Ciaccia: Do you have any thoughts on Nadella vs. what Ballmer did?

Barton: I don't follow Microsoft all that closely, but I do live in Seattle, so I see what's going on. I've been gone since 1999, so I'm way, way out of the loop. That said, I think Satya and I started at Microsoft around the same time, and at similar kinds of jobs. I don't know if he came in as a Product Manager or a Program Manager. I came in as a Product Manager in '91, maybe he started right around then. We never worked together, but I knew him. He was doing enterprise stuff, I was doing consumer stuff. I always thought he was a really smart guy, and a really good guy. I'm really hopeful. He's clearly brought some new energy, a new kind of energy to the place. It feels different. He dresses a little better, he's a little hipper. Ballmer had his own massive charm, and Satya has a different kind of style. Microsoft seems to be reacting well to it.

Ciaccia: You have a huge portfolio, whether it's stuff you're active or passive with. Is there any one you're particularly most proud of?

Barton: It's like choosing which of your children you love the best. What I love is the companies I've helped put together, is they all carry sort of the same power, this "Power to the People" banner. It's kind of revolutionary stuff. I love the energy that comes from giving power to people, regular people, and let them take on the machine and break down the walls. I don't have a hard time recruiting great people to go on a mission that feels important because it is. We're trying to help you, and people everywhere make better decisions with stuff they care about, and stuff they're spending a lot of money on, be it a job, a hotel room, a home, rental, mortgage, or even a cosmetic procedure. These are good things that are being built for consumers. In the end, at best, the way of the web, the smartphone and the Internet work, when you attract massive amounts of consumers to something, the industry has to follow, regardless of the way they may have felt about it initially. Because that's where consumers are, and that's what they want. That's what I feel good about, and Expedia has done well. Spencer has done a great job there, leading a great team there. I'm so lucky to know that guy. Robert [Hohman], is another superstar, and that's kind of the next most ripened fruit, and that one is performing quite nicely. We have on the order of 17 or 18 million users a month there now, and it's tracking along quite nicely, about 3 years behind Zillow on all metrics. I really love that one, it's coming along quite well.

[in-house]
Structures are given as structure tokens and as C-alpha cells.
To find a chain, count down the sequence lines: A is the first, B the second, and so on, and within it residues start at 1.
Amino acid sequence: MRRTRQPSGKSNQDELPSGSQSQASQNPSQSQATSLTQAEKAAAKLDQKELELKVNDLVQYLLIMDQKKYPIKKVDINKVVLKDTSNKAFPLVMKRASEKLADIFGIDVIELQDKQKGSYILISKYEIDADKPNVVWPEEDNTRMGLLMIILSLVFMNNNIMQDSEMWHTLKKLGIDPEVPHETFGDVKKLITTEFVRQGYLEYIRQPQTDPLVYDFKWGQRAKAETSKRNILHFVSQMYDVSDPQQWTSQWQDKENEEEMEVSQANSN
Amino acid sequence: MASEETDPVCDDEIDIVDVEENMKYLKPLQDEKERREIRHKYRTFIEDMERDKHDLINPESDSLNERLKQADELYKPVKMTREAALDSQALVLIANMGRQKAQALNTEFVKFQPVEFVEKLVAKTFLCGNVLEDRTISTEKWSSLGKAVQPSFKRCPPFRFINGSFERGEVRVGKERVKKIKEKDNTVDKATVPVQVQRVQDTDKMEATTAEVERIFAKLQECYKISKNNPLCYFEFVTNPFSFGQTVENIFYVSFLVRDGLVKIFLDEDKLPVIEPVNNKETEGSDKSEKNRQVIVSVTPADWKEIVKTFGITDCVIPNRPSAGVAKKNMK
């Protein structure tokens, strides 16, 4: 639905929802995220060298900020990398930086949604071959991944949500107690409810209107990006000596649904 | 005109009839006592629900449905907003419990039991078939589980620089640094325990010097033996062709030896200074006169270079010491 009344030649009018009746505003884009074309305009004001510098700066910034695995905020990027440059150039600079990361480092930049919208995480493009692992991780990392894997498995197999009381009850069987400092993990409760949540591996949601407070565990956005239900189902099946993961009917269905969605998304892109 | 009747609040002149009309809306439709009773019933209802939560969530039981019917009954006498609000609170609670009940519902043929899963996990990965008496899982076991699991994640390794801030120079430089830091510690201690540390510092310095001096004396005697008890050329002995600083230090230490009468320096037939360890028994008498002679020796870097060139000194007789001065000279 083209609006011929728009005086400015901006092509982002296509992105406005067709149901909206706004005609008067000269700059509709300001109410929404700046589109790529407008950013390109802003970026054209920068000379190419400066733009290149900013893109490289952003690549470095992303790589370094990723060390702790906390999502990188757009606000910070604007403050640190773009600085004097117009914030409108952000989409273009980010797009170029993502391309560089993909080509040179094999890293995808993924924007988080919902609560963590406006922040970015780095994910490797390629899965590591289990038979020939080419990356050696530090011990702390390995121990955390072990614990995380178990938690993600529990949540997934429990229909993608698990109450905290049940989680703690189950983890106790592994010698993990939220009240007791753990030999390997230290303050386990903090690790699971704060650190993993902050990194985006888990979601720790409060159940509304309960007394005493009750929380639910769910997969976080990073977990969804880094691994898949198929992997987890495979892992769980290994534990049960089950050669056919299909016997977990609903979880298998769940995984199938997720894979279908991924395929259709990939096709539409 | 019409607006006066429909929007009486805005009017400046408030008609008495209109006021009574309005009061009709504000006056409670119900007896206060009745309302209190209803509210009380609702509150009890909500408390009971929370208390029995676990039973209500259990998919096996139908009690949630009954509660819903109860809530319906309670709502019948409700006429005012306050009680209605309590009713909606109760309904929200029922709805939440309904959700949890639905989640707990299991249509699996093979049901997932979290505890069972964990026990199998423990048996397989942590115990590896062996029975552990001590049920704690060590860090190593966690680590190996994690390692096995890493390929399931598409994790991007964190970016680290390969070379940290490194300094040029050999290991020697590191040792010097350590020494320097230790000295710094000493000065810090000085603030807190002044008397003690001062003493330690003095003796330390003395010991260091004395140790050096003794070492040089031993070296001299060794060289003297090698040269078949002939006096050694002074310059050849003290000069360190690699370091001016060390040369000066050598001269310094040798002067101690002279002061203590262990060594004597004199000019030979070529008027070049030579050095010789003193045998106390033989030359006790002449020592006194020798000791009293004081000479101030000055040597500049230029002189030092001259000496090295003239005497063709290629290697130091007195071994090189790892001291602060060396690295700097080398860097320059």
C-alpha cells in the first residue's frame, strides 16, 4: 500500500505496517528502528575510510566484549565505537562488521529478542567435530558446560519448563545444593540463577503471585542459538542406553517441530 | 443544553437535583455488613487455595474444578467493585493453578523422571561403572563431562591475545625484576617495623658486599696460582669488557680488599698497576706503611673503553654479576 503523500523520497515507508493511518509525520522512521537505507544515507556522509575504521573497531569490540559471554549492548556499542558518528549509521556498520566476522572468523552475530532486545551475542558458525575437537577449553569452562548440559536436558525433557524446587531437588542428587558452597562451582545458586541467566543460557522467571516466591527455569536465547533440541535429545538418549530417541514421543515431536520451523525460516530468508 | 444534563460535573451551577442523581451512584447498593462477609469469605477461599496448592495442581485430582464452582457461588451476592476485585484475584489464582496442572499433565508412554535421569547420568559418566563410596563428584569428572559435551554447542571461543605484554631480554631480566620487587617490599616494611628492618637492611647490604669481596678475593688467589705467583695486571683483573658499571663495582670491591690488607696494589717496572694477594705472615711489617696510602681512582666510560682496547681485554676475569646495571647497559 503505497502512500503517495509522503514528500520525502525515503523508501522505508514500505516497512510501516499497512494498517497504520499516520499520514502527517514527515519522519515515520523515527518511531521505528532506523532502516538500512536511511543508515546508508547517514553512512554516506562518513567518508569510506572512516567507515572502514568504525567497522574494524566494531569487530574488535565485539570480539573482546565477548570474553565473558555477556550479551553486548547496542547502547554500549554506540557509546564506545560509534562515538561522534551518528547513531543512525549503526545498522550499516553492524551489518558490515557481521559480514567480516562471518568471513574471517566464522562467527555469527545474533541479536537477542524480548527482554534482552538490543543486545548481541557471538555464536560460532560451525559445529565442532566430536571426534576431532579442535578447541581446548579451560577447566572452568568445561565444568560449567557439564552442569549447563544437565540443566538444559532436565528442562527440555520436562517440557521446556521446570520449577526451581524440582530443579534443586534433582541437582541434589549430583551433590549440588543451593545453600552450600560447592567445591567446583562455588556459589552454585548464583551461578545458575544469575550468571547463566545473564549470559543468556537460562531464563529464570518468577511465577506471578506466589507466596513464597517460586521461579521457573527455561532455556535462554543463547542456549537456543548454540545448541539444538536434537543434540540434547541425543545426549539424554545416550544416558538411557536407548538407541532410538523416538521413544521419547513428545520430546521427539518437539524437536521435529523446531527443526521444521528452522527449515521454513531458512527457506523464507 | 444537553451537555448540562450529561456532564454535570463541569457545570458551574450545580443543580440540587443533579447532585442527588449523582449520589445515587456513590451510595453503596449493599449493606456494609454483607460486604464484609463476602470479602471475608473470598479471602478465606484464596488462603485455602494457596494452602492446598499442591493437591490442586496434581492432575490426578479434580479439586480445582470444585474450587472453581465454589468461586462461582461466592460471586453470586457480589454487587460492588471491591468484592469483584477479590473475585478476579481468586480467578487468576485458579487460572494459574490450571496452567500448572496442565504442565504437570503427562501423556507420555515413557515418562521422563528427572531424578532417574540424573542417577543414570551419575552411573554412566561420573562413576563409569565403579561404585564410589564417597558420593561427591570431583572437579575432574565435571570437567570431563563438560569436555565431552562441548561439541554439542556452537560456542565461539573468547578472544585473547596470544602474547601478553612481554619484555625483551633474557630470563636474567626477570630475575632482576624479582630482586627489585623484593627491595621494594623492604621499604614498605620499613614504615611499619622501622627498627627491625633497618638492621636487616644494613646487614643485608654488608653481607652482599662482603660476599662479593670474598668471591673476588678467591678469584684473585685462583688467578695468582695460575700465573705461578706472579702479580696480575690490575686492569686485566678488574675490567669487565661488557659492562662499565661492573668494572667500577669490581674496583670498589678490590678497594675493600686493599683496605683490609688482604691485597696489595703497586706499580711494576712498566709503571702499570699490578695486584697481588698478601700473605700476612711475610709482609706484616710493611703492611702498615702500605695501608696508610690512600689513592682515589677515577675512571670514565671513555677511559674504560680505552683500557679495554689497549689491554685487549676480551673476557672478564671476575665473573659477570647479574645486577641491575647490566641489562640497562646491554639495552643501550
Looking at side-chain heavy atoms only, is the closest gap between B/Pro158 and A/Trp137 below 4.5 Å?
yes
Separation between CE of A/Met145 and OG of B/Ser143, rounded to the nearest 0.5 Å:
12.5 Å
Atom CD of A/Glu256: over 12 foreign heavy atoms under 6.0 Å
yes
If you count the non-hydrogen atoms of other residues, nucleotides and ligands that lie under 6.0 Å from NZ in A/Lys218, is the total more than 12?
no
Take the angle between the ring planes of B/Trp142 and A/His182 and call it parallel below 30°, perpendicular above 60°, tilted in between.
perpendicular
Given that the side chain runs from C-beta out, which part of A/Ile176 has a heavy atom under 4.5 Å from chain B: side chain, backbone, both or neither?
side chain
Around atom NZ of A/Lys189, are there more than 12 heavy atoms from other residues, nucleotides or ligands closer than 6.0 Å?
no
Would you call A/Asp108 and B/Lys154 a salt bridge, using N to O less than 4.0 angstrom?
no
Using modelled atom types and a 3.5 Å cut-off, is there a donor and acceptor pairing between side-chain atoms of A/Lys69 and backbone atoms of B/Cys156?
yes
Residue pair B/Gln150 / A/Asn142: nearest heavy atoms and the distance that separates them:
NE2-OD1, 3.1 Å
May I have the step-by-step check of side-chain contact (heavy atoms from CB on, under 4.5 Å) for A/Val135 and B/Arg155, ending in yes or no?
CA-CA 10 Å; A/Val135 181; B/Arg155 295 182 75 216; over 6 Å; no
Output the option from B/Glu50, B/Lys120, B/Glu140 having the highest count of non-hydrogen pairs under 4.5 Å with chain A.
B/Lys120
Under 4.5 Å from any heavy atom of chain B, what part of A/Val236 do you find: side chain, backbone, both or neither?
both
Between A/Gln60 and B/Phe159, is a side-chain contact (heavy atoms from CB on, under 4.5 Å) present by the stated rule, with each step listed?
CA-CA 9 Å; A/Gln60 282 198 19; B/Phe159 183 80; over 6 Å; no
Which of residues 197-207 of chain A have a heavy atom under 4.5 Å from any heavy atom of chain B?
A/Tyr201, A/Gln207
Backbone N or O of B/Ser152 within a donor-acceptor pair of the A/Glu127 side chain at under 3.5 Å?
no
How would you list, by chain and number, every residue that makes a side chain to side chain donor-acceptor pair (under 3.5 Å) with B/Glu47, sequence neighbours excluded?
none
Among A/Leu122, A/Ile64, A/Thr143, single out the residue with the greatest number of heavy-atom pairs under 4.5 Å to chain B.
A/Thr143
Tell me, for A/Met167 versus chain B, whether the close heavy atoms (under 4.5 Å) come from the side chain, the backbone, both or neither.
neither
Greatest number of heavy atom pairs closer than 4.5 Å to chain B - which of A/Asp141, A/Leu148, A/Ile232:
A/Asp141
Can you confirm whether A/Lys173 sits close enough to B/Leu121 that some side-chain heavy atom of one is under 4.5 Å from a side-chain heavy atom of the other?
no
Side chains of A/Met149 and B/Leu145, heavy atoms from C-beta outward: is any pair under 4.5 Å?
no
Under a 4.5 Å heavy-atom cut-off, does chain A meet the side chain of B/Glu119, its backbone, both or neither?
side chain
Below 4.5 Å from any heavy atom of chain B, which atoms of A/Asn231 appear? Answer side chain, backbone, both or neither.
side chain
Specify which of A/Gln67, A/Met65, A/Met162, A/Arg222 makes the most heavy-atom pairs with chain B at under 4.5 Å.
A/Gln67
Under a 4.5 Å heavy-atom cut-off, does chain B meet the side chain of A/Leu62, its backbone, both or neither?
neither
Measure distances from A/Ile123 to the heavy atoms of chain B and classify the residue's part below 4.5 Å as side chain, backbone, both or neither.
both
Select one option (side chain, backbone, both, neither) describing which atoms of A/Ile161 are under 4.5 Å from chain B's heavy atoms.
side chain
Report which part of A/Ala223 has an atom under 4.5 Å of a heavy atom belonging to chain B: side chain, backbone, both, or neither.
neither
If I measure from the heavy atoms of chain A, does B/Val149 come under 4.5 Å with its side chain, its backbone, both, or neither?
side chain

Ciaccia: What does Glassdoor mean to the way people are looking for companies, salaries, jobs, etc.? How is that working?